Pandemic creates skating craze in Egypt

Lockdown boredom leads thousands to jump on a skateboard or put their rollerblades on

Egypt's skateboarding and rollerblading craze was born of lockdown boredom, but has quickly spread from town to town as one of the nation's fastest growing trends and looks like it will outlive Covid-19.

Thanks to Facebook groups and inspiration from skateboarding's debut at the Tokyo Olympics, thousands of Egyptians are learning flip tricks, grinds and grabs, along with dozens of other tricks and moves.

Quote
People don’t understand what we’re doing. It’s making some of them feel uncomfortable around us because they see that it’s not where we belong
Ahmed Hamam, 21

It all started when Nasr Atef, from Alexandria, posted an old video in a Facebook group of him skating. People were sharing their memories of the city before the lockdown was imposed for a few months in March 2020.

The video received more than 2,000 likes, 200 shares and many encouraging comments.

The positive feedback prompted Mr Atef, 24, to take skating more seriously.

He had just finished his mandatory military service and searching for a job. But the pandemic put his plans on hold, as no one was hiring because of the virus-linked economic crunch. That’s when he started to practise skating more often and posting more videos online.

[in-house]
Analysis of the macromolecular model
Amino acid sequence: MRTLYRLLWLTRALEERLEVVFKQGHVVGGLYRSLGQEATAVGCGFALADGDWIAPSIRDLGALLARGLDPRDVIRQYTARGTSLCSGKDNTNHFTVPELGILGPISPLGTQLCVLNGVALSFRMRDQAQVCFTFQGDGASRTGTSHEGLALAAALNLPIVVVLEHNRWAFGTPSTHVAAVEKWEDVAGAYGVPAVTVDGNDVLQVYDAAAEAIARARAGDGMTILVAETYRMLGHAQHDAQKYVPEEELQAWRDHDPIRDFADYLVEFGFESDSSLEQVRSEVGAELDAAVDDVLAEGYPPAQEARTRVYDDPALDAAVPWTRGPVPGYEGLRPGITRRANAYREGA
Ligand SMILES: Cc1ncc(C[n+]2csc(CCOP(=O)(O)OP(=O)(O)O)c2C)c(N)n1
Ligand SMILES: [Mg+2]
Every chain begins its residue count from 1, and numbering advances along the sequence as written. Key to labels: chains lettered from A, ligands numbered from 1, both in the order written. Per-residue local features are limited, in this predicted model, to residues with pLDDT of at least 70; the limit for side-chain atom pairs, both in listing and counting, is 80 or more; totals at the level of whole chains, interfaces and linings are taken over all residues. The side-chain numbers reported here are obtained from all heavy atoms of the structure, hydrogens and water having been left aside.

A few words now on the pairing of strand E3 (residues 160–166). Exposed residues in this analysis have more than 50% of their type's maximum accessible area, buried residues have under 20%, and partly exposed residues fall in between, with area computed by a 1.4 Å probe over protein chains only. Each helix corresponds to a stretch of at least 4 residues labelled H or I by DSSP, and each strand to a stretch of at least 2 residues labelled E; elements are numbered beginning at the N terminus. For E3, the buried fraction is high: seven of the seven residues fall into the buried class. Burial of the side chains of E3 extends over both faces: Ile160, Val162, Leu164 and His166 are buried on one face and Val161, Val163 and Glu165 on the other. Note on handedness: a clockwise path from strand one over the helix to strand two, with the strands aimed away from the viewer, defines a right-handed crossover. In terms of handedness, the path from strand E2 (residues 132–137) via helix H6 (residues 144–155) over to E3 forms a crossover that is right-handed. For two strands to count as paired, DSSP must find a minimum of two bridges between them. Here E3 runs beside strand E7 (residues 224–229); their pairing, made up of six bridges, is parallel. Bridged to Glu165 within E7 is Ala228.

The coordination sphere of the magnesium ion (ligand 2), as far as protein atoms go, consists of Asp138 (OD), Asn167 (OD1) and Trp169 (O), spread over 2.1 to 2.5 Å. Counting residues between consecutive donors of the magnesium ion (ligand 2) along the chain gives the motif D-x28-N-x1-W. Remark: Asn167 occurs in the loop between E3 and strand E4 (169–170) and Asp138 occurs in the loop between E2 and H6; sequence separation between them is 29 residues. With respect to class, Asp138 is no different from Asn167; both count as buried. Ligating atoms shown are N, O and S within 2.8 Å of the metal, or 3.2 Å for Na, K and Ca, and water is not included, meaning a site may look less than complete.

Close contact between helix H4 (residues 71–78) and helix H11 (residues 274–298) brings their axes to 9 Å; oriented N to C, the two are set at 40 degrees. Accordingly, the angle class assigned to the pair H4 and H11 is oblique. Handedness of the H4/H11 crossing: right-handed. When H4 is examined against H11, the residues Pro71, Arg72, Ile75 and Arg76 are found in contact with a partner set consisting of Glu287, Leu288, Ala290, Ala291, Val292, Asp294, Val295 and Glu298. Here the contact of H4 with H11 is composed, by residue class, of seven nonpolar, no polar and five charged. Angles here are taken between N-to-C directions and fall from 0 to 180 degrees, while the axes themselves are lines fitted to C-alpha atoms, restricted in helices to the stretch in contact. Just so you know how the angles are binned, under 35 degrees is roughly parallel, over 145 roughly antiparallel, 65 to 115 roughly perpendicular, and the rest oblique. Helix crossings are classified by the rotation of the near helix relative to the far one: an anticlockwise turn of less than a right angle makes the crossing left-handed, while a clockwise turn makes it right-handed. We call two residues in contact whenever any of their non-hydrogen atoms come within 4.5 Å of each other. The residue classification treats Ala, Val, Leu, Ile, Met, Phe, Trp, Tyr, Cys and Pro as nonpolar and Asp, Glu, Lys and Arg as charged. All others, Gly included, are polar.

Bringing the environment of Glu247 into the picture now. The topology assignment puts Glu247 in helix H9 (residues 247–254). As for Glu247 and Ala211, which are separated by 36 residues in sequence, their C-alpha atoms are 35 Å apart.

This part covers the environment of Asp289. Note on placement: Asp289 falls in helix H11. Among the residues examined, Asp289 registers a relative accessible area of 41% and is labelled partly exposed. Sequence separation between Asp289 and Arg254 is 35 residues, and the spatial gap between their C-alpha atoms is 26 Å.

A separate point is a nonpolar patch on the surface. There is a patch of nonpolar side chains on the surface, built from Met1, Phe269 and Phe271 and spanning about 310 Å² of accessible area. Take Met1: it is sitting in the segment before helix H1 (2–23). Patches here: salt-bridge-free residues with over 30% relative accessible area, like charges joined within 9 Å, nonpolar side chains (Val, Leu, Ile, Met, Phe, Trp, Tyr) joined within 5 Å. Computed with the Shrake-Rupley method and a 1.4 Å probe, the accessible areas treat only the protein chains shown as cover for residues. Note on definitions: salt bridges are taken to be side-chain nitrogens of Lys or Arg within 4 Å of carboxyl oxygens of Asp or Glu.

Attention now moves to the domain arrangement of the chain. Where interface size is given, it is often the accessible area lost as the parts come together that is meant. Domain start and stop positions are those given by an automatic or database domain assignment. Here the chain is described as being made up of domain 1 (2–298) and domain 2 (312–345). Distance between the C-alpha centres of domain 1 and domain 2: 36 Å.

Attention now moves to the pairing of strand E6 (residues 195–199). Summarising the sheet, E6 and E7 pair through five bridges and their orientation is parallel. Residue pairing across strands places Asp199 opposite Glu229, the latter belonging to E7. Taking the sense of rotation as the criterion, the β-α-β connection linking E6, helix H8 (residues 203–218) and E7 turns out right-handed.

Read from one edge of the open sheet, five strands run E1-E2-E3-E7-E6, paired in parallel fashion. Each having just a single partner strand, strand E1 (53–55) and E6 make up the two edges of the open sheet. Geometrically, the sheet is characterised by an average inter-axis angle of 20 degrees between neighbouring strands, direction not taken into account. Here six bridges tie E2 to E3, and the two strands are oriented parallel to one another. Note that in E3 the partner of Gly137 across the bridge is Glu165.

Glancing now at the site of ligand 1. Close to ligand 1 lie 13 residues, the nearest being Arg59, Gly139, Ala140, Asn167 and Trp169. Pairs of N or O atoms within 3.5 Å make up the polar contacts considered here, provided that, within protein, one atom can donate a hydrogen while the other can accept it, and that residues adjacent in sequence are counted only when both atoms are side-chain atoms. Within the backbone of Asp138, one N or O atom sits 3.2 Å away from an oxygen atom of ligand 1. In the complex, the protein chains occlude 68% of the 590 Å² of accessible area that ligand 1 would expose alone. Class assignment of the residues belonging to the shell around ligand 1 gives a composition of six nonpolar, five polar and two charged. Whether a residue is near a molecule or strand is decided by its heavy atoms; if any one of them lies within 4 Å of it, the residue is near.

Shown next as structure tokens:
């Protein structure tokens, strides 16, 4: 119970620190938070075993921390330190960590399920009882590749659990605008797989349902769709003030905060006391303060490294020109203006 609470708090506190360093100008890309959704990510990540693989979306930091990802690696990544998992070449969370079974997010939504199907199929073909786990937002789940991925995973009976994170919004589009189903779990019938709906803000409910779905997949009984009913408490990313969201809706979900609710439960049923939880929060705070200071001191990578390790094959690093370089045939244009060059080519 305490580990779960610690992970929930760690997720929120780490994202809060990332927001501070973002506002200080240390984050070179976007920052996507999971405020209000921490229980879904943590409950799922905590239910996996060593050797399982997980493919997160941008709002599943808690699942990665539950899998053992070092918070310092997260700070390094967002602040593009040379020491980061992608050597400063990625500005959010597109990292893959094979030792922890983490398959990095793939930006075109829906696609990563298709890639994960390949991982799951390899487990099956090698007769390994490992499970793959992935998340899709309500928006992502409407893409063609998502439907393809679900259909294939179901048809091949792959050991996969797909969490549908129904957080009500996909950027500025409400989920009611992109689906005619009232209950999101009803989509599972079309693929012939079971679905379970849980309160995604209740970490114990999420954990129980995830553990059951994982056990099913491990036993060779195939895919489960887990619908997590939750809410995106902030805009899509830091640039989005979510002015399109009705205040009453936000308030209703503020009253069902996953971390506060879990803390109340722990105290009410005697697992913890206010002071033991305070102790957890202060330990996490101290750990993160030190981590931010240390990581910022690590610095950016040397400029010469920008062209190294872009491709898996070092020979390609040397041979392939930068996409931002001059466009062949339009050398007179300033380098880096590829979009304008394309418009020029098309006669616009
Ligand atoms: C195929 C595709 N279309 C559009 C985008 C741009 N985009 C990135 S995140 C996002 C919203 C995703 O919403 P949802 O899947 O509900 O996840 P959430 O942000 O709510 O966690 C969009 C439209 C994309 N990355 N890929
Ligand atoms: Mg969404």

“If it weren’t for the pandemic, I would have been a regular employee right now and skating would have stayed just a hobby,” said Mr Atef, who is also known as Nasr Skater.

Mr Atef has secured a job as an inline skating coach at a private skate park in Cairo. He is also the leader of the Alexandria Skaters team.

Mr Atef said that after his skating video was widely shared he started searching for other skaters online. That’s how he found three other skilled skaters from Cairo, Suez, and Mansoura. Together they launched the Skate in Egypt Facebook group in May 2020.

“Our aim was to create a space for skaters to get together,” said Ahmed Hamam, 21, a skating team leader from Mansoura, and a co-founder of the Skate in Egypt group.

Now the group has over 200,000 members and says its aim is to spread the activity in Egypt, in the hope of encouraging the state to create public skate parks.

Mr Hamam said the group had played an essential role in the emergence of other skating groups around the country.

Whenever someone wanted to skate somewhere, he or she would ask the group to find fellow skaters in the same area.

They would then get in touch, start skating together and eventually form a team, Mr Hamam said.

There are now more than 15 skating communities around Egypt with a presence on social media.

In the absence of appropriate venues to practise, Egypt’s skaters are using the streets as open-air skating arenas.

Skating gives us freedom

“The average age of skaters ranges between 15 and 25. It’s really difficult to tell our numbers because there is a daily increase. However, I believe that there are more females than males,” said Yomna Othman, 24, one of the first young women to join the Alexandria Skaters team.